The recent news about Cyprus banks confiscating depositor’s funds sent chills throughout the financial world here and abroad. I couldn’t believe that the plan in Cyprus hinged on the idea that the bank could just steal customer’s funds to balance the bank’s books. I muttered to myself when I read the story that something as crazy as that couldn’t possible happen here in the United States. Unfortunately, I learned that the plan to pull a Cyprus type grab here was already in the works. (more…)
Archive for March, 2013
By Mark Esposito, Guest Blogger
Author’s Note: Grace Under Pressure is an on-going series of posts honoring everyday people who courageously make positive differences in their own lives and consequently in the lives of others. It is my own personal affirmation that unexpected heroes reside among us and that they serve as quiet but unshakable proof that virtue really is its own reward – and ours, too.
Every year, Henrico’s (VA) Deep Run High School holds a dance marathon to help local charities. The event is wildly successful raising over $1 million since its inception in 2007. The kids start their dancing on Friday night and 27 shaking hours later the exhausted participants rightly toast their accomplishment with some donated punch and soft drinks. This year they toasted more than a marathon.
Sophomore Michael Schiavo was the top fund-raiser this year bringing in an impressive $7,161 in donations. But according to Michael, he got a lot more than he gave. Michael suffers from Duchenne Muscular Dystrophy. DMD is a genetic based dystrophy that attacks 1 in 3600 boys. It usually manifests itself in infancy and causes a wasting away of muscle tissue that is replaced with fat and fibrotic tissue leading to fibrosis. The average life expectancy for patients afflicted with DMD is around 25.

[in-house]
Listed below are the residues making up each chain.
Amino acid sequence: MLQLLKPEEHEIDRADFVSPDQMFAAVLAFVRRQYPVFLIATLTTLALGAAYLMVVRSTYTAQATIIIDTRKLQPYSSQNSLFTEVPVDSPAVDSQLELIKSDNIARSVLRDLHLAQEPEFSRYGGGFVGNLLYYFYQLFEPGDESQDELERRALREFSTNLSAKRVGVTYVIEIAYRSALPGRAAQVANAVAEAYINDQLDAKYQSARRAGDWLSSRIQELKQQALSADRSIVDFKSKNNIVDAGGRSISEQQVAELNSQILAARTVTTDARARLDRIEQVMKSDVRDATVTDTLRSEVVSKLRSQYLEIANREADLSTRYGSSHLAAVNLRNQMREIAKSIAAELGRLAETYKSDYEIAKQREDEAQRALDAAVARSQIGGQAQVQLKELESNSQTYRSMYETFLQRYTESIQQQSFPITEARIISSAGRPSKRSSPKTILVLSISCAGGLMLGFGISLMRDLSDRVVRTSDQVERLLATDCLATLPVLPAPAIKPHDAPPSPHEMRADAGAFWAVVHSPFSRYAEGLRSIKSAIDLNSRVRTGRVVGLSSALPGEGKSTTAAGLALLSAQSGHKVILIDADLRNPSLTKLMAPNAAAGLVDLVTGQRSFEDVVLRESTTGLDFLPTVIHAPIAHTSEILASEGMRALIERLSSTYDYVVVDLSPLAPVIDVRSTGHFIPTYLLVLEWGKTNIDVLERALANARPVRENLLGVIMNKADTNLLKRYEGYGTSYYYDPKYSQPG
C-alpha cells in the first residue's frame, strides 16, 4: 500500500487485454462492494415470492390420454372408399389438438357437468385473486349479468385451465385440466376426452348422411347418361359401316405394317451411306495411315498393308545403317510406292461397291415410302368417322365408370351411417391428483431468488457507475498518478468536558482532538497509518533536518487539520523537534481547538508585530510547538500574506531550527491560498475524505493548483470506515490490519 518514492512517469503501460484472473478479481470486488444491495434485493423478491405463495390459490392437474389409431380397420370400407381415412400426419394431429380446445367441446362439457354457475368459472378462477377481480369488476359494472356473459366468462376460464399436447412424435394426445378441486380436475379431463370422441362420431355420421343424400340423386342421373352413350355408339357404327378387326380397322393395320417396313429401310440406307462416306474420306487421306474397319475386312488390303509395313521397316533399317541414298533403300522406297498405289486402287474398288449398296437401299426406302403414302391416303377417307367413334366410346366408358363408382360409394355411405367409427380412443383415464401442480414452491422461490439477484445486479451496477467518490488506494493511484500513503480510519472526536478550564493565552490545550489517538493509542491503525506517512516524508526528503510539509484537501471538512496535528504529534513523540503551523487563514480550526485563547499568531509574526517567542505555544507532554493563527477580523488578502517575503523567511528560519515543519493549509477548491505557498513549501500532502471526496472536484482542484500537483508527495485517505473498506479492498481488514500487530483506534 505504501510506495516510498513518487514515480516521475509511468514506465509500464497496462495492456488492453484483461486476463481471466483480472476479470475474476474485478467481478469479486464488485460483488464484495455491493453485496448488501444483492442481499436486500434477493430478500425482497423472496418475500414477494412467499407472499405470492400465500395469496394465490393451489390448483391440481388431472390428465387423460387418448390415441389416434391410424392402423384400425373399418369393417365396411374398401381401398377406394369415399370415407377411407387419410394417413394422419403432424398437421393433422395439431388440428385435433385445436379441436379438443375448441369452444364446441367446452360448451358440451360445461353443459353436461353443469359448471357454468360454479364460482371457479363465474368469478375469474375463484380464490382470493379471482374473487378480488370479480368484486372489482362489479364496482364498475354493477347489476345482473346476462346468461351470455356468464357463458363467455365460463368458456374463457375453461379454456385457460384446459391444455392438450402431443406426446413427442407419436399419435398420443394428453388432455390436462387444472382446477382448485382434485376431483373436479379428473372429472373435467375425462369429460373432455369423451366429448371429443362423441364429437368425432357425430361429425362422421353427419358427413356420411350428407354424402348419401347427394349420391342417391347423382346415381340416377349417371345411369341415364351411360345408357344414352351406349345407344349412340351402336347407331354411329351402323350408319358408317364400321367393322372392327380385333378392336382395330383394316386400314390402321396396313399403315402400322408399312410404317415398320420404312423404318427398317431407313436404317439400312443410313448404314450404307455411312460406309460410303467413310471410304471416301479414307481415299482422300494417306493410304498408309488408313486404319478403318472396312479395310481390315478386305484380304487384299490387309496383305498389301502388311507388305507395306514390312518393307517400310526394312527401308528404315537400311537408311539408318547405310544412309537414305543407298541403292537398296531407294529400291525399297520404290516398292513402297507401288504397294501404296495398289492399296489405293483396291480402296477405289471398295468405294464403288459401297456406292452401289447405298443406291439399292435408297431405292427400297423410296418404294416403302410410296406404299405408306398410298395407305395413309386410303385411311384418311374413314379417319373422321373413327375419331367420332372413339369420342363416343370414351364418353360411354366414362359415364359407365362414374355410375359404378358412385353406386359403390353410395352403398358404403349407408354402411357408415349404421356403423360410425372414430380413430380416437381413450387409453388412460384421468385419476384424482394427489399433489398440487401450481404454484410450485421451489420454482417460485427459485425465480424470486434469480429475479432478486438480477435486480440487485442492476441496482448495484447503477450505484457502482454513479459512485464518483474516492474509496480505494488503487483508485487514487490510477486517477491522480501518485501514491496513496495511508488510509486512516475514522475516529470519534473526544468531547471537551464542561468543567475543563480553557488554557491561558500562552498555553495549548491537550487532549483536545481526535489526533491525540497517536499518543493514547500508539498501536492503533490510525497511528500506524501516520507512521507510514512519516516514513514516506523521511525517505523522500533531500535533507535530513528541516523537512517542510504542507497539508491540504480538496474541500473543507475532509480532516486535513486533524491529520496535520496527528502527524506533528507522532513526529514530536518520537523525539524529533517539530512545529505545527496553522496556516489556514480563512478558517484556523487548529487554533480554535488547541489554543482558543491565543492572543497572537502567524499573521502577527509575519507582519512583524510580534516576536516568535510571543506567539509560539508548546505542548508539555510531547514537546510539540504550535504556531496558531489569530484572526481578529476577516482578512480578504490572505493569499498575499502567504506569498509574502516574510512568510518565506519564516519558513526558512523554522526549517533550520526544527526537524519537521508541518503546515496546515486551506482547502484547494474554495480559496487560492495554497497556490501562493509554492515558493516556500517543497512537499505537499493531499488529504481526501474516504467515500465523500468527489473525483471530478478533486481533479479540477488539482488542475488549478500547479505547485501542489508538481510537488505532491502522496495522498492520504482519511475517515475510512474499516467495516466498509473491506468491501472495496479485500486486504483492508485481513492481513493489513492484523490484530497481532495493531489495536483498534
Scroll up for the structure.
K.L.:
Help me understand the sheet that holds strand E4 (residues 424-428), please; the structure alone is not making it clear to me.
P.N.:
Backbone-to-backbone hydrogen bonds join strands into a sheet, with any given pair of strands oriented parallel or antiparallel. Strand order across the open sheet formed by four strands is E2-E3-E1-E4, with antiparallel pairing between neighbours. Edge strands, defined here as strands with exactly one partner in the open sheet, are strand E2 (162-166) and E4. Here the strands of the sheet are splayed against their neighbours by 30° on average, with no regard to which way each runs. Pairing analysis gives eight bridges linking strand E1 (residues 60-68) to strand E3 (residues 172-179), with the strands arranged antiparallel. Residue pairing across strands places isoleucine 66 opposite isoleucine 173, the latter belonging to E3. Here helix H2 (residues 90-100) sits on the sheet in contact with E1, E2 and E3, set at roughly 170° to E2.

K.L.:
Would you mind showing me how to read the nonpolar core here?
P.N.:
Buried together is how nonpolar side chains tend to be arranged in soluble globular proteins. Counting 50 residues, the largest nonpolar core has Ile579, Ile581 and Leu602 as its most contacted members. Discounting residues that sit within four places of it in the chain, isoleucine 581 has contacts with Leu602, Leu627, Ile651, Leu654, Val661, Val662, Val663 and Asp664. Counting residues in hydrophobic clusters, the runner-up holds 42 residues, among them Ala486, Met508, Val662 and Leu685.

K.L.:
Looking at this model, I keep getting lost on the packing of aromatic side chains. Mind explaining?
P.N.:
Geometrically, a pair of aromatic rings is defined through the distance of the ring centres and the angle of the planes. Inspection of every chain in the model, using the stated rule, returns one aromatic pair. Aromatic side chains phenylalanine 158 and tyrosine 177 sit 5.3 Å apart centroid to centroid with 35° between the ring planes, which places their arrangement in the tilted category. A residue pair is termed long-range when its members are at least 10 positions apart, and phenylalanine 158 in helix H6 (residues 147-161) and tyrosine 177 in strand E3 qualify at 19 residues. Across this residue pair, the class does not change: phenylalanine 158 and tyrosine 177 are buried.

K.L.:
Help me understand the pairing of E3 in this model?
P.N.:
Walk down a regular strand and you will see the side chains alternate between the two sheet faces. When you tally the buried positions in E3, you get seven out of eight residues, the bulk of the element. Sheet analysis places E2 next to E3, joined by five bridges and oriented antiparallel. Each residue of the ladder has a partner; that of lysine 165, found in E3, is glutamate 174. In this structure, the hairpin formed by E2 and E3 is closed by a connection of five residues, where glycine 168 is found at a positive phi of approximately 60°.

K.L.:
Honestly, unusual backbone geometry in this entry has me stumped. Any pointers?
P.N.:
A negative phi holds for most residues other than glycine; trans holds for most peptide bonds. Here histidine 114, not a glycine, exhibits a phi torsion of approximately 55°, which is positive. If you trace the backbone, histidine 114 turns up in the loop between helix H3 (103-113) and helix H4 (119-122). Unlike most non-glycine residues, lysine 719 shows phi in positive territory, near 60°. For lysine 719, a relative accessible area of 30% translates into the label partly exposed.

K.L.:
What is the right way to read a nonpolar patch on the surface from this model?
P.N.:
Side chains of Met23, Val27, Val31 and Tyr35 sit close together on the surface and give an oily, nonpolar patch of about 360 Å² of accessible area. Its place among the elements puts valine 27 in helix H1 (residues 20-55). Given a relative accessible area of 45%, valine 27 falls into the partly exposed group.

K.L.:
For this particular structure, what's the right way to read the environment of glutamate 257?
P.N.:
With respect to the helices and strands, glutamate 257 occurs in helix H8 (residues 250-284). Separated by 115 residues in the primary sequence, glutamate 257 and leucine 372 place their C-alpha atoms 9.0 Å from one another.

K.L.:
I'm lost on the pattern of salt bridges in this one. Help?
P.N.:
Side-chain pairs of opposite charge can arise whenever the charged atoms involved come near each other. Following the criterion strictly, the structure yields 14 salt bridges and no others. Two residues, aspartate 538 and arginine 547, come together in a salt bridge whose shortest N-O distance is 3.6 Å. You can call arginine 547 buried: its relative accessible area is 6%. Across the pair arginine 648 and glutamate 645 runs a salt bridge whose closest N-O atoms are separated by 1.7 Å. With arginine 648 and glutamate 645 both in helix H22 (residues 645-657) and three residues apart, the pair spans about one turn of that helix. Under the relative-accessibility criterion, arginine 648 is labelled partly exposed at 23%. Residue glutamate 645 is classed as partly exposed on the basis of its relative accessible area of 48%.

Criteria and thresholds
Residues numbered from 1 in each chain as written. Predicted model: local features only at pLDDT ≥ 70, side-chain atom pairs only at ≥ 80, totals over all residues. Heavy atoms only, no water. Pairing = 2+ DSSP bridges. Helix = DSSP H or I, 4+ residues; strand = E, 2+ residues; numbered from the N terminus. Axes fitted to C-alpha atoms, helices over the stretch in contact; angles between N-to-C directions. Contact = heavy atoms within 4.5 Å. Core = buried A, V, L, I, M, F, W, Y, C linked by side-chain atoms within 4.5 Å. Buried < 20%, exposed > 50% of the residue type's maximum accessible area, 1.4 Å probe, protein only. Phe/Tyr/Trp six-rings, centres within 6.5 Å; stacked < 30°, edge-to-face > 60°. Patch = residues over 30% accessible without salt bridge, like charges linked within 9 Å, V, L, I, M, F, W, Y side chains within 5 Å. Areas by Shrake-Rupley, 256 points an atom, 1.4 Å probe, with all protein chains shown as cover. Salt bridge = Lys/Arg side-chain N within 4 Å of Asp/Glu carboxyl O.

Submitted by: Mike Spindell, guest blogger
To some of us the transition from slave to citizenship by those Africans brought in chains to these shores for economic exploitation and horrific abuse ended with the “Emancipation Proclamation”. To others its’ end might have been marked by “Brown v. Board of Education”, or by the 1964 Civil Rights Act. Those of somewhat more insightful bent may have said that the true emancipation occurred when Barack Obama was elected President in 2008. In my view, as much of an impact as all those milestones (and more such as Jackie Robinson i.e.) made to American consciousness, Black people in the United States clearly still lack the benefits and rewards of citizenship. I would go further and say that in the United States, at this time; most Black people still suffer the degradation and challenges brought about by both institutional and emotional racism. This is not to say that in our country other groups, such as Latino’s and Native Americans are free of oppressive prejudice, but to assert that given their history in this country Black people are slotted into the bottom of the economic and social ladder and are still struggling to obtain even those most minimal of rights that most Americans see as their birthright. (more…)
-Submitted by David Drumm (Nal), Guest Blogger
On Tuesday, the Supreme Court heard oral arguments in the other same-sex marriage case, Hollingsworth v. Perrry, a case involving California’s voter approved ban on gay marriage, also known as Prop 8. UCLA professor of constitutional law Adam Winkler reminds us that oral arguments is the time when justices “hostile to a lawyer’s argument often reveal their disagreement through penetrating—sometimes devastating—questions.” Sometimes penetrating, sometimes devastating, and sometimes the court is not pleased.
The spiny freshwater turtle population is less than 1000 according to Canadian reports, but they found a windfall of dozens of the turtles recently. The problem is that they were dead and on a Chinese menu. Yet, the Chinese owner will face only a relatively small fine for this violation. In killing and sell these turtles for soup (and contributing to the possible loss of a species) the owner will face less of a penalty than a car theft or bad check.